We applied methods based on the aforementioned approaches to detect signals of positive selection (MuSiC10, OncodriveFM12, OncodriveCLUST18 and ActiveDriver19) to the unified analysis of all tumors (see methods) (Fig. 1a and b). To evaluate the quality of the lists of driver candidates produced by each method, and the combinations thereof, we computed their content of known cancer genes. To that end, we employed the Cancer Gene Census, CGC3 as the most reliable catalog of known cancer genes to date. Nevertheless, due to its biased nature and the fact that arguably, many cancer genes are yet to be uncovered, we consider the rate of CGC genes in each list simply as a surrogate estimator of the actual positive predictive value of each method or combination (see Discussion). Applying this principle, we found that the four methods prioritized lists of genes highly enriched for known cancer drivers. Moreover, increasing the cutoff of statistical significance increased the proportion of known cancer genes retrieved (Fig. 2a). This proportion was higher among genes exhibiting more than one signal of positive selection. In other words, the likelihood that a gene is involved in tumorigenesis increased proportionally with the number of methods that identified it (Fig. 2b and c), probably because the false positives of one method are likely to be discarded by the others. For example, only 84 out of 232 recurrently mutated genes (MuSiC) –or 87 out of 259 FM biased genes– are also identified by other methods (Fig. 2b). However, the proportion of genes in the CGC rises from 22% and 25%, respectively to 54%. On the other hand, genes missed by one method may be identified by others designed to detect other signals of positive selection, as exemplified in Figure 1c. For instance, while RB1 possesses both clear recurrence and FM bias, it has undetectable CLUST or ACTIVE biases. Mutations in HRAS are both significantly clustered and biased towards high functional impact, but are neither significantly recurrent nor ACTIVE biased. BRAF, on the other hand shows all signals of positive selection, except FM bias.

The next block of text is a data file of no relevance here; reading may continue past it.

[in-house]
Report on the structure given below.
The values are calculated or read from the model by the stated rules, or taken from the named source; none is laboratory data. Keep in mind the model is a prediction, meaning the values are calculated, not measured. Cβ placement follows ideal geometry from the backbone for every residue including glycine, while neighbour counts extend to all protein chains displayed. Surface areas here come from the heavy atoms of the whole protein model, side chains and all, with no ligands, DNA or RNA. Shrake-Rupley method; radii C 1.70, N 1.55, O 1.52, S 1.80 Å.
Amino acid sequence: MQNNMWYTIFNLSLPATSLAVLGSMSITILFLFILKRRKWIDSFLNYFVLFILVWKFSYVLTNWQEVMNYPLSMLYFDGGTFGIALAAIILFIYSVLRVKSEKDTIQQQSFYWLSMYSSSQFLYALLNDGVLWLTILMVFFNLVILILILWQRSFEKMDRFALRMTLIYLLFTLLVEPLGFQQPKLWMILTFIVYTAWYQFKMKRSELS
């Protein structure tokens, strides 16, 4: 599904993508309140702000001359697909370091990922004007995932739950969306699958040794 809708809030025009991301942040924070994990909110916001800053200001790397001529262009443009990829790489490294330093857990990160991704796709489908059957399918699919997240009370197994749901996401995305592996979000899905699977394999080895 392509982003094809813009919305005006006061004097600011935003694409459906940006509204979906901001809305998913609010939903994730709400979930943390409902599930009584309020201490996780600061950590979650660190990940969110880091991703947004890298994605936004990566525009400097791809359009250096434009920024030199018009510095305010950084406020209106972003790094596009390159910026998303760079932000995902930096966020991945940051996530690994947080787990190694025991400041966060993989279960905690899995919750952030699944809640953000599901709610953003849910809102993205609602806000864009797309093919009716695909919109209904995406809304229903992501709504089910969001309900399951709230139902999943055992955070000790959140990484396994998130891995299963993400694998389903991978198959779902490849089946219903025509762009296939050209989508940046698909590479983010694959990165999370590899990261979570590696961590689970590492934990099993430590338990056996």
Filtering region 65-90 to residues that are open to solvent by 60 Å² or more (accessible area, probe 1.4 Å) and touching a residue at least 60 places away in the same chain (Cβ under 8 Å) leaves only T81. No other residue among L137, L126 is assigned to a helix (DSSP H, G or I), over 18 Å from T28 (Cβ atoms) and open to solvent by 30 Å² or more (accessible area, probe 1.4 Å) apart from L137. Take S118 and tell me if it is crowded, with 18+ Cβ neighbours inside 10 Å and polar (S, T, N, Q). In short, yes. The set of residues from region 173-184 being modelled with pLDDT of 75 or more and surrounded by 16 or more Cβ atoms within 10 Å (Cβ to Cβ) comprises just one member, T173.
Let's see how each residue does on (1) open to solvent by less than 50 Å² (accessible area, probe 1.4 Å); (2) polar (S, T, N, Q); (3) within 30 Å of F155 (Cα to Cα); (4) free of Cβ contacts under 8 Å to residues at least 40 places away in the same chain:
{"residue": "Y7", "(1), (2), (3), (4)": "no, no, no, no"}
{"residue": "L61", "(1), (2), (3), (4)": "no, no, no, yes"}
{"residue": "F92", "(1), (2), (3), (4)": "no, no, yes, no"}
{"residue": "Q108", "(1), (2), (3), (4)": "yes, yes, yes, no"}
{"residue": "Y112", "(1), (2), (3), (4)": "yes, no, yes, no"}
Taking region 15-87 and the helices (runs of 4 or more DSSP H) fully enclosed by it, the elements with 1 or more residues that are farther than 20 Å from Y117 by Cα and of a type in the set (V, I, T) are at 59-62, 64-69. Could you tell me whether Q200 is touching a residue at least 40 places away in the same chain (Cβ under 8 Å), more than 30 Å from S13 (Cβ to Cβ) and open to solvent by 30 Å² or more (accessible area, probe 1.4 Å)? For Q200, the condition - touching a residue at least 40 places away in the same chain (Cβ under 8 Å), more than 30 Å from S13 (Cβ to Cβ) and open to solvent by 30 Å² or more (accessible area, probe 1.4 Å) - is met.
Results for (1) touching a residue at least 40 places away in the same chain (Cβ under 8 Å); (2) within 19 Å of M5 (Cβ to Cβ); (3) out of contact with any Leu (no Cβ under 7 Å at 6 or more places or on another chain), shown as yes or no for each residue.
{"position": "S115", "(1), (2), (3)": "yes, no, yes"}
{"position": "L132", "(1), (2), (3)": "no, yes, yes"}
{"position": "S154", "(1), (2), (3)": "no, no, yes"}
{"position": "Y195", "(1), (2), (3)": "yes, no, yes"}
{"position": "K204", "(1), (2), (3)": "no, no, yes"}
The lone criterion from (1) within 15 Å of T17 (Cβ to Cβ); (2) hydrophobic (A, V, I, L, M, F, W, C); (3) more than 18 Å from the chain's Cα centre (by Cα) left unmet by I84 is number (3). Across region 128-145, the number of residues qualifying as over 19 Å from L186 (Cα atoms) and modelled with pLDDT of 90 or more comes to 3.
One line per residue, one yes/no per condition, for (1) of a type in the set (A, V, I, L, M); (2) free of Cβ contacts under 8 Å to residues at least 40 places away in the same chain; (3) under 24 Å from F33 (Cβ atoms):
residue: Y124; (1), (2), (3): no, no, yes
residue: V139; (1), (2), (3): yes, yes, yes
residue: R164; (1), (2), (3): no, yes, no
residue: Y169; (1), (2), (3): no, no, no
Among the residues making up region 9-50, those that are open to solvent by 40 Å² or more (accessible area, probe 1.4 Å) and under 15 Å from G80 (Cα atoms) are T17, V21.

Pooling all pan-cancer samples together (pan-cancer analysis) increases the statistical power to detect drivers acting across tumor types, thus facilitating the identification of driver genes that are not detected when each tumor is analyzed individually. However, the pan-cancer analysis may also diminish the relevance of mutations in some drivers acting only in certain tumor types (Supplementary Fig. 1). To overcome this issue, we also analyzed each tumor type separately (per-project analysis) and added the genes identified in each project to those detected across all pan-cancer tumors (see Methods).